Yet Disney has never bothered to explain why there are so many alternate versions of Mickey Mouse.  Nor has Warner Brothers engaged in positing alternate realities for Bugs Bunny in all his forms.  And fans somehow accept this--miracle of miracles.
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India Ink
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« Reply #42 on: January 23, 2004, 01:44:00 AM »

Quote from: "India Ink"
Yet Disney has never bothered to explain why there are so many alternate versions of Mickey Mouse.  Nor has Warner Brothers engaged in positing alternate realities for Bugs Bunny in all his forms.  And fans somehow accept this--miracle of miracles.


Go figure! I guess DC didn't think we were as smart as your average Mickey Mouse and Bugs Bunny fan. :shock:  :wink:
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« Reply #43 on: January 23, 2004, 04:53:36 AM »

Personally, I thought it was fun to have two Earths, with Earth-1 being the home of the Silver Age heroes (eg. the JLA), and Earth-2 being the home of the Golden Age Heroes (eg. the JSA). I loved the fact that the Earth-1 Superman could interact with his Golden Age counterpart, as well as the Golden and Silver age versions of the Flash, Green Lantern, Hawkman, Wonder Woman and so on. The only real disappointment was that the two versions of Batman couldn't interact because the Golden Age Batman died while the Earth-1 Batman lived on. When the Crisis happened, I felt that something was lost in this respect, and I miss those days when JLA/JSA team-ups were major annual events that I always looked forward to. I even remember one occasion when we saw three generations of super-hero teams join forces (namely the JSA, the JLA and the Legion of Super-Heroes)!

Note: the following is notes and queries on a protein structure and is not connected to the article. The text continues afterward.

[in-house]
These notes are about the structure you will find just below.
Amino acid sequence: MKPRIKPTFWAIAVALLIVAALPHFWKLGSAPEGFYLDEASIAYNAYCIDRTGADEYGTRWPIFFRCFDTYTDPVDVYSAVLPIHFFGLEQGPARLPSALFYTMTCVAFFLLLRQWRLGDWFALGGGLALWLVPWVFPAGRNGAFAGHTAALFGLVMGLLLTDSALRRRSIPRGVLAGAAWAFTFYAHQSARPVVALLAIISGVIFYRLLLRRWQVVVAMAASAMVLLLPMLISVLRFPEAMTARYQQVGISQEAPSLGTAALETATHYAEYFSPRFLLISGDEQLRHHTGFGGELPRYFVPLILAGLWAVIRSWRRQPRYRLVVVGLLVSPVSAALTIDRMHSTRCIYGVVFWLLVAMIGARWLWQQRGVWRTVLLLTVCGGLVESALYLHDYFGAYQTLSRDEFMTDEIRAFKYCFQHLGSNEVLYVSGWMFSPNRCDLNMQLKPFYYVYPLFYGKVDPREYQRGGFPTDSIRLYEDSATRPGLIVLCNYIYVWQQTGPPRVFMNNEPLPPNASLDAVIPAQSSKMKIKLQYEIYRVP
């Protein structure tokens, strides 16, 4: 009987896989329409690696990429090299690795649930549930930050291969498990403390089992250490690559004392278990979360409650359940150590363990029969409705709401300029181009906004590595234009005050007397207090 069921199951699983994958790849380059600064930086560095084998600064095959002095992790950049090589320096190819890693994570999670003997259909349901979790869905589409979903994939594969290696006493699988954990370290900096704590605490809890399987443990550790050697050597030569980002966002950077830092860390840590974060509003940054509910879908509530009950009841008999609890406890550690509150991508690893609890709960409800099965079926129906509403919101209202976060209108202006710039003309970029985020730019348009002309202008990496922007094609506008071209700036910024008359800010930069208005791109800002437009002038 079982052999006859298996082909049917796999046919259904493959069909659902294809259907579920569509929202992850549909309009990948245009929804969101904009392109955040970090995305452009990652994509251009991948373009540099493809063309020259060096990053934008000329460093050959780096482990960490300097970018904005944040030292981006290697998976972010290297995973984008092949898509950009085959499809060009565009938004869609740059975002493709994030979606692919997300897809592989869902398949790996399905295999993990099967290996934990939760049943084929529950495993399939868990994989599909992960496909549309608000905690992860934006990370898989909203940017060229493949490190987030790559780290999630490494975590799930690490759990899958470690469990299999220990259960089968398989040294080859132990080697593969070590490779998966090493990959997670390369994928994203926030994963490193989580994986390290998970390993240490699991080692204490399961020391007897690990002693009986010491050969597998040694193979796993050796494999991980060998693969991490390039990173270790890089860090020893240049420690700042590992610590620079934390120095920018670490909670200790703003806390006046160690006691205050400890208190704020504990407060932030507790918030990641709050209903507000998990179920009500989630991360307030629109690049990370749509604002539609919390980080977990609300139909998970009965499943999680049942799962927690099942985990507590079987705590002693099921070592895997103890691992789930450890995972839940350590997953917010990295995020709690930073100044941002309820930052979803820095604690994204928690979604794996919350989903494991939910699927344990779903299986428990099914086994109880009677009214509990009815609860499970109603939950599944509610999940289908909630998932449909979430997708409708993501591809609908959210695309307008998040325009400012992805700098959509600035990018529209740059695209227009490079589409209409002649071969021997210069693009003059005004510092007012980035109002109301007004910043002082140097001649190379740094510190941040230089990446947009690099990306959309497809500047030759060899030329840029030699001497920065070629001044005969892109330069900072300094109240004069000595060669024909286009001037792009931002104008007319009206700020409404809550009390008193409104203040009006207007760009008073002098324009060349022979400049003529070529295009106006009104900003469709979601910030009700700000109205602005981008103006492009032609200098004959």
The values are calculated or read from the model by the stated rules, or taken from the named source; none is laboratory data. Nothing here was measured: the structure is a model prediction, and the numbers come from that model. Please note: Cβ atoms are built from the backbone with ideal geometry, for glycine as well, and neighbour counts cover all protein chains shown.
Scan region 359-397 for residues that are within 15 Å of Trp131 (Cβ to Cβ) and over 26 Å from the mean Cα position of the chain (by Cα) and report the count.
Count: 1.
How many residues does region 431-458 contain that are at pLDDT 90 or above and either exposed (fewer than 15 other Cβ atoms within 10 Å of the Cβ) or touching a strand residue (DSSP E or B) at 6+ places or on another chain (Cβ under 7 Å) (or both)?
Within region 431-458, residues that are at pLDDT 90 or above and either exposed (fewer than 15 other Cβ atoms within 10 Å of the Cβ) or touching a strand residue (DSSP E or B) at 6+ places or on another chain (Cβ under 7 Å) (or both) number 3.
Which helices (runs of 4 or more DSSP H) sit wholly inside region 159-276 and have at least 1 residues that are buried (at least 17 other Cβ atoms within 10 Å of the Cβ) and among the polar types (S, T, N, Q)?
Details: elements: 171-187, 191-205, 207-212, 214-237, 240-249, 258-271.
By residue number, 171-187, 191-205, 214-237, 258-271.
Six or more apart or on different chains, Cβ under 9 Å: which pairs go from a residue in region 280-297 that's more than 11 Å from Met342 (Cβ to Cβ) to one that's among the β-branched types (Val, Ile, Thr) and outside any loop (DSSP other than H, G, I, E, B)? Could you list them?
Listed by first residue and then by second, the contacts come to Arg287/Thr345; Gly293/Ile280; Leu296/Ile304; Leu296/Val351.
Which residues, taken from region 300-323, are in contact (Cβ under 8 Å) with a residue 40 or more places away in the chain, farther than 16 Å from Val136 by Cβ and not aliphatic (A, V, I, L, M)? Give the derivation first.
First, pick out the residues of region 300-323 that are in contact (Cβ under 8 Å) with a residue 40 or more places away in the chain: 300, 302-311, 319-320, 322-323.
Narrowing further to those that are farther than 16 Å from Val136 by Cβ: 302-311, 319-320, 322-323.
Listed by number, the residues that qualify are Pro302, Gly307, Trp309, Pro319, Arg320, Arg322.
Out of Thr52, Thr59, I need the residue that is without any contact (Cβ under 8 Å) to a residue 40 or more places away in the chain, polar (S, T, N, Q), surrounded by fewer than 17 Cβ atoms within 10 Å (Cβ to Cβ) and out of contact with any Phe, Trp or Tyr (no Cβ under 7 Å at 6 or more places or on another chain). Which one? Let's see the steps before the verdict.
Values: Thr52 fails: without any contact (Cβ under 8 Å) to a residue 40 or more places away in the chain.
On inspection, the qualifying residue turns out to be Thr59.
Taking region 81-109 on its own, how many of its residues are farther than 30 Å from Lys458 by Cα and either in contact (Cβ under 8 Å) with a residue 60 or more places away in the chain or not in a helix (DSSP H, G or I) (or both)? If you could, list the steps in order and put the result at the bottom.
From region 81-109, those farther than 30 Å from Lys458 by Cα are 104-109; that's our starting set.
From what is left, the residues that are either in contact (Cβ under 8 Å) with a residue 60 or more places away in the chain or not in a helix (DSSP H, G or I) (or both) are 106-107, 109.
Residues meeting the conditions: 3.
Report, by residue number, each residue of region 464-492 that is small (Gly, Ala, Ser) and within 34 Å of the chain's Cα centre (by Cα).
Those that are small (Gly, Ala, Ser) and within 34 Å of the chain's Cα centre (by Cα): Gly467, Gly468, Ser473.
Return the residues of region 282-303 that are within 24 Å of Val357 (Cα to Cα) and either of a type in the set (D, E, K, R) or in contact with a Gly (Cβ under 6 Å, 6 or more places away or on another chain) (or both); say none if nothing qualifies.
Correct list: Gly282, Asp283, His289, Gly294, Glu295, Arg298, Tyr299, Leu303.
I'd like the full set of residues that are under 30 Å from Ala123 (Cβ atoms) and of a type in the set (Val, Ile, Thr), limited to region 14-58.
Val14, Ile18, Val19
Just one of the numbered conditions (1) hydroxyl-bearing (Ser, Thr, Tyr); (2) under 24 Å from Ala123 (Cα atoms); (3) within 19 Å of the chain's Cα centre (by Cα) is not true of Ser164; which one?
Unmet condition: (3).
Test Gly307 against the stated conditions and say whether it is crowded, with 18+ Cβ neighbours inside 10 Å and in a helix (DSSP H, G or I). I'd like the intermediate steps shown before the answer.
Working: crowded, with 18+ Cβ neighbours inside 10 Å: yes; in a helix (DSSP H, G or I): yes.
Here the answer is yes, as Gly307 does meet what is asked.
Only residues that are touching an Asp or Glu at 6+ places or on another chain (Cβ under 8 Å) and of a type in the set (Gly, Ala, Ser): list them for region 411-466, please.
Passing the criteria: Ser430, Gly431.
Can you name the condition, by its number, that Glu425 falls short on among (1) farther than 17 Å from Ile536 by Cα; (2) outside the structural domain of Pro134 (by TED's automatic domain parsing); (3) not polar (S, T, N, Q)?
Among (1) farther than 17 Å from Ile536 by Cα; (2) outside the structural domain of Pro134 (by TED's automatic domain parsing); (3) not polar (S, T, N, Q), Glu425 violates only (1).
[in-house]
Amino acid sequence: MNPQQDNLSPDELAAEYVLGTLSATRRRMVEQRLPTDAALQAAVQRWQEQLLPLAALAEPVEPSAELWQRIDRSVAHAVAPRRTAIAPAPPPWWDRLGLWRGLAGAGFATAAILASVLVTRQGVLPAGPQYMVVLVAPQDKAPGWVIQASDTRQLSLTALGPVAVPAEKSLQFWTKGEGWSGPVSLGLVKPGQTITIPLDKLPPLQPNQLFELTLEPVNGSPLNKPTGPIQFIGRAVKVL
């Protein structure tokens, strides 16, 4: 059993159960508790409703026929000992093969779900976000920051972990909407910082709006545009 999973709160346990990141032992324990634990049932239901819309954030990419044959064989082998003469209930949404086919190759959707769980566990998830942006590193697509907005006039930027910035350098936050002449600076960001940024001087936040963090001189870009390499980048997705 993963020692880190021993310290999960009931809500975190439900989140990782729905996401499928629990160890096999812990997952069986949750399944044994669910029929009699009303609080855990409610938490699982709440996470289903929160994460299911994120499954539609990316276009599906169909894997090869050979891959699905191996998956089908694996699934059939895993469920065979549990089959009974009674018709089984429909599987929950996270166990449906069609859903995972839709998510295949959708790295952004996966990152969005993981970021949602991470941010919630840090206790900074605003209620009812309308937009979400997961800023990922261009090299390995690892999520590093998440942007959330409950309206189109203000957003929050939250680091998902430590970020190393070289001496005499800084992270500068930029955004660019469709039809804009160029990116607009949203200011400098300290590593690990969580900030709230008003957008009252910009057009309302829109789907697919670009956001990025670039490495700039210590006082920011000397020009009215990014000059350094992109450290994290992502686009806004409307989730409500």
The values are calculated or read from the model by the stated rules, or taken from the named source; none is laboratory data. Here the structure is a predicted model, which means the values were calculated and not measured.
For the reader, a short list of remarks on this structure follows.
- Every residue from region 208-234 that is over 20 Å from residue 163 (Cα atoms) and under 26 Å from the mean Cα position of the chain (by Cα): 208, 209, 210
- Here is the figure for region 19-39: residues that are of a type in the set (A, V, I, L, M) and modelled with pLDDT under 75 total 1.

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RedSunOfKrypton
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« Reply #44 on: January 23, 2004, 05:55:44 AM »

Thanks for the synopses, it was well written. Peace.
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KryptoniteKills
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« Reply #45 on: January 23, 2004, 06:15:50 AM »

Quote from: "India Ink"
Although the multiple Earths concept can be a lot of fun, I sometimes think it's been more trouble than it's worth.  Every time DC tries to explain a differentiation in continuity they invite a storm of fan criticism.